This weekend is Saturday the 17th and Sunday the 18th of May, beginning the Fifth Week of Easter.

The Sons of Korah sing Garments of Praise, a setting of Psalm 30.

Over the last week, as we continue to celebrate the season of Easter, we have heard some encouraging words from Jesus – how he, the Good Shepherd, lays down his life for us, how his sheep hear his voice and follow him, and will never perish.  We have heard him reassure us that he has prepared a place for us.  And in the readings from the Acts of the Apostles we have seen how God is at work in the world and its people, as the Good News was spread far and wide by a motley crew of believers, small in number, but big on passion, commitment and energy.

Out of all this, which of the days do you remember most strongly?  Which one made an impression on you?  Was there anything in particular that touched you, that inspired or encouraged you?  If there was, just recall that for a moment now.

There are more words of encouragement in this Sunday’s second reading from the First Letter of Peter.

In this letter, Peter seems to be exploring the metaphor of people as “stones” – as “living stones” – in a number of different ways.   He describes Jesus as a living stone, and as the stone that was rejected by the builders, but has become the cornerstone.  There is more than one side to that image.  Which part of it appeals to you most?  – Jesus as the cornerstone, the solid foundation on which to build our life?   – the one who was rejected being vindicated and given his rightful place?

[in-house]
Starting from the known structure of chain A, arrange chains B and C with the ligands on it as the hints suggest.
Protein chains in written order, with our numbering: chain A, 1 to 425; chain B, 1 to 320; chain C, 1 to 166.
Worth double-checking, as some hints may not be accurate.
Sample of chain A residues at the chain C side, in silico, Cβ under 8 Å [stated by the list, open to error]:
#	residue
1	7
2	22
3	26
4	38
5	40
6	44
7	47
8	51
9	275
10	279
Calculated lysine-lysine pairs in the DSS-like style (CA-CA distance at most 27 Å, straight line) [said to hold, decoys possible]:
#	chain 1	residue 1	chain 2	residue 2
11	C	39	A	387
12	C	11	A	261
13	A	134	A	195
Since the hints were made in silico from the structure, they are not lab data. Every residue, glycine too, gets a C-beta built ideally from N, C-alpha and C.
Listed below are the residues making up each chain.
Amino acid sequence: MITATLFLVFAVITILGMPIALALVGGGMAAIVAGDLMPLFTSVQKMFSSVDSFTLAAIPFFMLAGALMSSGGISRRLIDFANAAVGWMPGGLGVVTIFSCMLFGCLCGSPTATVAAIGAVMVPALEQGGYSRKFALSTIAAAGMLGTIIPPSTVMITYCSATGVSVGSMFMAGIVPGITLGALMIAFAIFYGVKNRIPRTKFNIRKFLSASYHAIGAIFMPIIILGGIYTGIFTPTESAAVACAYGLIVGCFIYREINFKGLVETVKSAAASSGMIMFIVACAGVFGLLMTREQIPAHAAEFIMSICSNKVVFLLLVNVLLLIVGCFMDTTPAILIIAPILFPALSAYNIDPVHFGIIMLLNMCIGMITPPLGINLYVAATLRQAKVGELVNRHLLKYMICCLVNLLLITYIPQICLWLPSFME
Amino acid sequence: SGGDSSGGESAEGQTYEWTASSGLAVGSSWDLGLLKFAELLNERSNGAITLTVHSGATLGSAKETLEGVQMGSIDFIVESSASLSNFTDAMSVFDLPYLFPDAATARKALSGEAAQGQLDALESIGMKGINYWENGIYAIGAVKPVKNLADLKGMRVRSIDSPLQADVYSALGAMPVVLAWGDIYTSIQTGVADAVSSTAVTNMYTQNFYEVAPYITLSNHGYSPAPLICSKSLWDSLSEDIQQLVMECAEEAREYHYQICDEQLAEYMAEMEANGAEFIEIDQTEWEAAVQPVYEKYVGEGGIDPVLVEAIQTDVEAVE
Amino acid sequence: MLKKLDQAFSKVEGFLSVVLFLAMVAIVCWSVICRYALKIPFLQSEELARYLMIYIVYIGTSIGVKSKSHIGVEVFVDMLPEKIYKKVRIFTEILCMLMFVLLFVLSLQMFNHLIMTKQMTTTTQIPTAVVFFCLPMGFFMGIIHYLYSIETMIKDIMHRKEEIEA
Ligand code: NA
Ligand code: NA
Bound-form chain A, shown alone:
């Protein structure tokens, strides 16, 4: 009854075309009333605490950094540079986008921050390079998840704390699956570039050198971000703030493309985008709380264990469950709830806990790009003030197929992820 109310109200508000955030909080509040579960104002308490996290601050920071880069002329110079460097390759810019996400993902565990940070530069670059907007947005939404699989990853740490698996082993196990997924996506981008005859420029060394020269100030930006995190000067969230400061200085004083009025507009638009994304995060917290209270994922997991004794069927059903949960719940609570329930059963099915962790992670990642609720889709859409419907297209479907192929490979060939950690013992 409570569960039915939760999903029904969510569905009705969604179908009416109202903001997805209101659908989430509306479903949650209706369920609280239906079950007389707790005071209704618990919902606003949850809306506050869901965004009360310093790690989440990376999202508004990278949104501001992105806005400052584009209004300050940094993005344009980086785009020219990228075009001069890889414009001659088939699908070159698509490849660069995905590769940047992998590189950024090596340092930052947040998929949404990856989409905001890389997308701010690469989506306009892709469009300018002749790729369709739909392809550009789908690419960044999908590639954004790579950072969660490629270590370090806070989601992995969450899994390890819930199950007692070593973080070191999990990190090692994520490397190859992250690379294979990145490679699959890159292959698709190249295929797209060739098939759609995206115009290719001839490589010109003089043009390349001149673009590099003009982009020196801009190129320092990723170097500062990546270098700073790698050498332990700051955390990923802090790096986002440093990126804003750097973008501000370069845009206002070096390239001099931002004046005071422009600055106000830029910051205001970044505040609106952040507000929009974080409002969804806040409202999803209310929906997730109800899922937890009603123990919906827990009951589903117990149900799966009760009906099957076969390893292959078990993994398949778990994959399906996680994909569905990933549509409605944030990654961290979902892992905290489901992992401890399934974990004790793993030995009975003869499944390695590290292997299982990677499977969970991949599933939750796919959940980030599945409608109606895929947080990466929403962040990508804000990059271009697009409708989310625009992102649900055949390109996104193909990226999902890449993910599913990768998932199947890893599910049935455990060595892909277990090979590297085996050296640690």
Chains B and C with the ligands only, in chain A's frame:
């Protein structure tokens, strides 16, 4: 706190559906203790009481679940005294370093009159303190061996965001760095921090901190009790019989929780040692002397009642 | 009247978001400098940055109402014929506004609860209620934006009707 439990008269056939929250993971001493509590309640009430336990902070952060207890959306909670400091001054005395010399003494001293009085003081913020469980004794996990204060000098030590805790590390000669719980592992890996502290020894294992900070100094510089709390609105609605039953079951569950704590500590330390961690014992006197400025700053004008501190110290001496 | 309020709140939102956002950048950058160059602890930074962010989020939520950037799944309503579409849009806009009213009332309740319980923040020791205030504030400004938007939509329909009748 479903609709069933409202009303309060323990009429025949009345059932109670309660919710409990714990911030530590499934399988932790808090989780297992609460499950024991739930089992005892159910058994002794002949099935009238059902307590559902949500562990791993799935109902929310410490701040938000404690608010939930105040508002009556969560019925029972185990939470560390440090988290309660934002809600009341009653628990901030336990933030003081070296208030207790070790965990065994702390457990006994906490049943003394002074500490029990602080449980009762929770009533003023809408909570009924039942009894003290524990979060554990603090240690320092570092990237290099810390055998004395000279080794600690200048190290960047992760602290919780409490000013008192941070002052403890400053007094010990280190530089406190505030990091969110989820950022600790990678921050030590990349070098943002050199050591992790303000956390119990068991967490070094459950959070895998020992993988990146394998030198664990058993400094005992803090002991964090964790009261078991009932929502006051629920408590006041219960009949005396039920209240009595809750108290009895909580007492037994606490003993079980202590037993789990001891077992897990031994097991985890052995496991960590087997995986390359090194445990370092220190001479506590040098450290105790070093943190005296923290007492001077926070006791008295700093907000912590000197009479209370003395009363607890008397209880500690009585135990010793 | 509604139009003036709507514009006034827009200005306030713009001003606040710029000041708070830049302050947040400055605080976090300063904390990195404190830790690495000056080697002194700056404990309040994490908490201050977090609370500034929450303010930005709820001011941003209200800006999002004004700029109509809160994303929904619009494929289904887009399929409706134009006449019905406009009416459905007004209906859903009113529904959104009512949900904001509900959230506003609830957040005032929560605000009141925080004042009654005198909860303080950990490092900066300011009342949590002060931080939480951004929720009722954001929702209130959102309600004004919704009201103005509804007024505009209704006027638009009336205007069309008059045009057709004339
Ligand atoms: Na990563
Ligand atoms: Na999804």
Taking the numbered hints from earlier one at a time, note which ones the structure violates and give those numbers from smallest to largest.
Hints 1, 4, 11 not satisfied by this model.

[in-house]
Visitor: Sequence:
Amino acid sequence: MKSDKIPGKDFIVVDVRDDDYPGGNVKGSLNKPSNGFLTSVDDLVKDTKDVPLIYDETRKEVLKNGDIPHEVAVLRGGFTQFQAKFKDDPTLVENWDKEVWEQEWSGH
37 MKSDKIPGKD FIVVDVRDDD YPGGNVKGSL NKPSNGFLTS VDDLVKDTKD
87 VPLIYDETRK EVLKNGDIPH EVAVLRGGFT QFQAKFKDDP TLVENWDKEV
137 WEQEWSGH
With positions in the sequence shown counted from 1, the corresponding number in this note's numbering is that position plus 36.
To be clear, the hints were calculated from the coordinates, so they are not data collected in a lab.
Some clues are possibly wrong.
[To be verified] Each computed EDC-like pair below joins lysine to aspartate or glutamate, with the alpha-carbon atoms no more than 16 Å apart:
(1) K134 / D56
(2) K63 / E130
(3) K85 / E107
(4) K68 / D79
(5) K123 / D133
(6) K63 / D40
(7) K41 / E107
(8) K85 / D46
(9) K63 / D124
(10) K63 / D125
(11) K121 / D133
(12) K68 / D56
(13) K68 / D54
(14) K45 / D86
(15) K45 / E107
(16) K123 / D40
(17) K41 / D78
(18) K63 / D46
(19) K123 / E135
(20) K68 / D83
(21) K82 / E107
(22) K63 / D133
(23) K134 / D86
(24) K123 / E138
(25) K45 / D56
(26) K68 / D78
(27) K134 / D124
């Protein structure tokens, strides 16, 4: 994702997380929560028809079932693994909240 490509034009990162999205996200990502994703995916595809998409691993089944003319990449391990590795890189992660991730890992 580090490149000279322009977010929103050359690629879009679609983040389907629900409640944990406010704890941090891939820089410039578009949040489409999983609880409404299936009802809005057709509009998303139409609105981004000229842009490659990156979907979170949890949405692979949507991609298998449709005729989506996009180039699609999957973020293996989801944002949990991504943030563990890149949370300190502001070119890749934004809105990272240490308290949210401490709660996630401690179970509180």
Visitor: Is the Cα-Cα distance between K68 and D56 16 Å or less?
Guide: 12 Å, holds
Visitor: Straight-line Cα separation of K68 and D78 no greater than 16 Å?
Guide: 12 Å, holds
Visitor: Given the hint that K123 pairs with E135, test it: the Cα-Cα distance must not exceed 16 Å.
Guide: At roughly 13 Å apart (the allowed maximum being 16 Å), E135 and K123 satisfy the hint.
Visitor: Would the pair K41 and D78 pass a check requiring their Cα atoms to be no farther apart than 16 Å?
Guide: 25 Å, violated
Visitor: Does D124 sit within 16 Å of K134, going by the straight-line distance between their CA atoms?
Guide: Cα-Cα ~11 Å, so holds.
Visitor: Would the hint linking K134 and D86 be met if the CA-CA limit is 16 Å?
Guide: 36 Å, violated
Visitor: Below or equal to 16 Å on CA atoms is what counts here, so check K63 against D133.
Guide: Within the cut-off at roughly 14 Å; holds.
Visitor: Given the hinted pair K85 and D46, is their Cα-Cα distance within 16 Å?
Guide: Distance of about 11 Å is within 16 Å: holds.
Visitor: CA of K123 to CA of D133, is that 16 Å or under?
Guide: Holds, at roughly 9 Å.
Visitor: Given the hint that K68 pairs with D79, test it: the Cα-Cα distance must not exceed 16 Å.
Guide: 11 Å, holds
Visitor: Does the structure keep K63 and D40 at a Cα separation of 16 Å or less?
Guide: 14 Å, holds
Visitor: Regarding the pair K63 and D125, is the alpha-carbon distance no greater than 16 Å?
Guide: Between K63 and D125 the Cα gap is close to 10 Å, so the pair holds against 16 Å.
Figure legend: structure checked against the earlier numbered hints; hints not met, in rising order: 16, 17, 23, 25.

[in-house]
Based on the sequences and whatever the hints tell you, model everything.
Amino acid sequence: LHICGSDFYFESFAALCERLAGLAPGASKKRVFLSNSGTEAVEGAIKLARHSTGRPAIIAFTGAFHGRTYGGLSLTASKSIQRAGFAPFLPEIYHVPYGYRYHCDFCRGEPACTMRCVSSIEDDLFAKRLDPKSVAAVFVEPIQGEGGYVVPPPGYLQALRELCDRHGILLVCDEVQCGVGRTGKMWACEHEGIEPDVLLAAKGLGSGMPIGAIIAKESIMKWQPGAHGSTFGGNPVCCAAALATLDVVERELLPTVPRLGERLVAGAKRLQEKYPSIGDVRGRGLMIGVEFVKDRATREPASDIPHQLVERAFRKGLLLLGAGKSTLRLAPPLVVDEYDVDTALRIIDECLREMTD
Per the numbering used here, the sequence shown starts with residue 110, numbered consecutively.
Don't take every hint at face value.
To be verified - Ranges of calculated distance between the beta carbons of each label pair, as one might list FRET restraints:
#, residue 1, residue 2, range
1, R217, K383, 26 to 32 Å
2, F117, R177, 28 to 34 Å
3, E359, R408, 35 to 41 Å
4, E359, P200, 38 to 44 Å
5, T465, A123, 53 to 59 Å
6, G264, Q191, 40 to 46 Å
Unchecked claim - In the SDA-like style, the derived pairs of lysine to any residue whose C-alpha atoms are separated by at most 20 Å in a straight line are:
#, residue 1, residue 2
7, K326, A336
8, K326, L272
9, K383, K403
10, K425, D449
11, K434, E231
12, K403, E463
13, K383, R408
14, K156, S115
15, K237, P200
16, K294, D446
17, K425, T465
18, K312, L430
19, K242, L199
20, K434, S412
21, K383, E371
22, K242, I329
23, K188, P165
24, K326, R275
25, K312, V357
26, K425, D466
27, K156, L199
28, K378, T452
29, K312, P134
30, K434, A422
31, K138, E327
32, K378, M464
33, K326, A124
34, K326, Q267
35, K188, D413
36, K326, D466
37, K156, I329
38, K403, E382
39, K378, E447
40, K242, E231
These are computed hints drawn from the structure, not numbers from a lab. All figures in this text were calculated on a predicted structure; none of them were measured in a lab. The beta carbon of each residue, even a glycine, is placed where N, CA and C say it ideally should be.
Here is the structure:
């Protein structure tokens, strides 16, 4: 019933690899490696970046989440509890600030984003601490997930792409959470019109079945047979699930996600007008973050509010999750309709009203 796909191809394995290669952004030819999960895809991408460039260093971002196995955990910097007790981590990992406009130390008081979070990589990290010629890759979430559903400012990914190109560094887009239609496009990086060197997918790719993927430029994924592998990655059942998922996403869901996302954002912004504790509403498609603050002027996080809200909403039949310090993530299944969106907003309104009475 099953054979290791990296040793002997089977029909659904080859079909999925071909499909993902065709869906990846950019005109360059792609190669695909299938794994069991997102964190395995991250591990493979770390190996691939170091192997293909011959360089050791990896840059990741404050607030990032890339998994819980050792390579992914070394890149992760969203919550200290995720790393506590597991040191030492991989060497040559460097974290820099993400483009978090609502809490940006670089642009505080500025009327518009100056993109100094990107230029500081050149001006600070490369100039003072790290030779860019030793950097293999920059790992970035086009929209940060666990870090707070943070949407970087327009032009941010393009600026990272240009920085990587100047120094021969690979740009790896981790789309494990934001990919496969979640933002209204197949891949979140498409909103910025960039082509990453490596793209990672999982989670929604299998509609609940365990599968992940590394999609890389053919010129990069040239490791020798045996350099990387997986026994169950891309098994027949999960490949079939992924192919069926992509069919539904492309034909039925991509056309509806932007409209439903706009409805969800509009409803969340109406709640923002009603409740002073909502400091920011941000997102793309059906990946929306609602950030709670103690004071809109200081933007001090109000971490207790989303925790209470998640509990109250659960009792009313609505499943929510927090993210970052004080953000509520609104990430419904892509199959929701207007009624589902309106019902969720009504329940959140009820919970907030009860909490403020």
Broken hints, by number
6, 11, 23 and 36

Peter writes about us, too – the Christian community – as “living stones” being built into a spiritual house.  How well does that sit with your experience of the Christian community?  If you belong to a parish or a prayer group or any other kind of Christian community, can you see yourself and your fellow Christians as “living stones being built into a spiritual house”?  Does it help, does it encourage you to see yourself and your fellow Christians that way?

The trouble, perhaps, with the image of stones is that it’s difficult to imagine them as living – they just sit there, they’re static, they don’t move.  Yet, in this letter, Peter does not invite us to be static.  As you listen to the passage again, notice what active things he invites to go out and do.

What might you do today to “offer spiritual sacrifices acceptable to God”?  What might you do to “proclaim God’s mighty acts”?  Can you talk about this now with the Lord, who is here with you now, who loves you and has “called you out of darkness into his marvellous light”?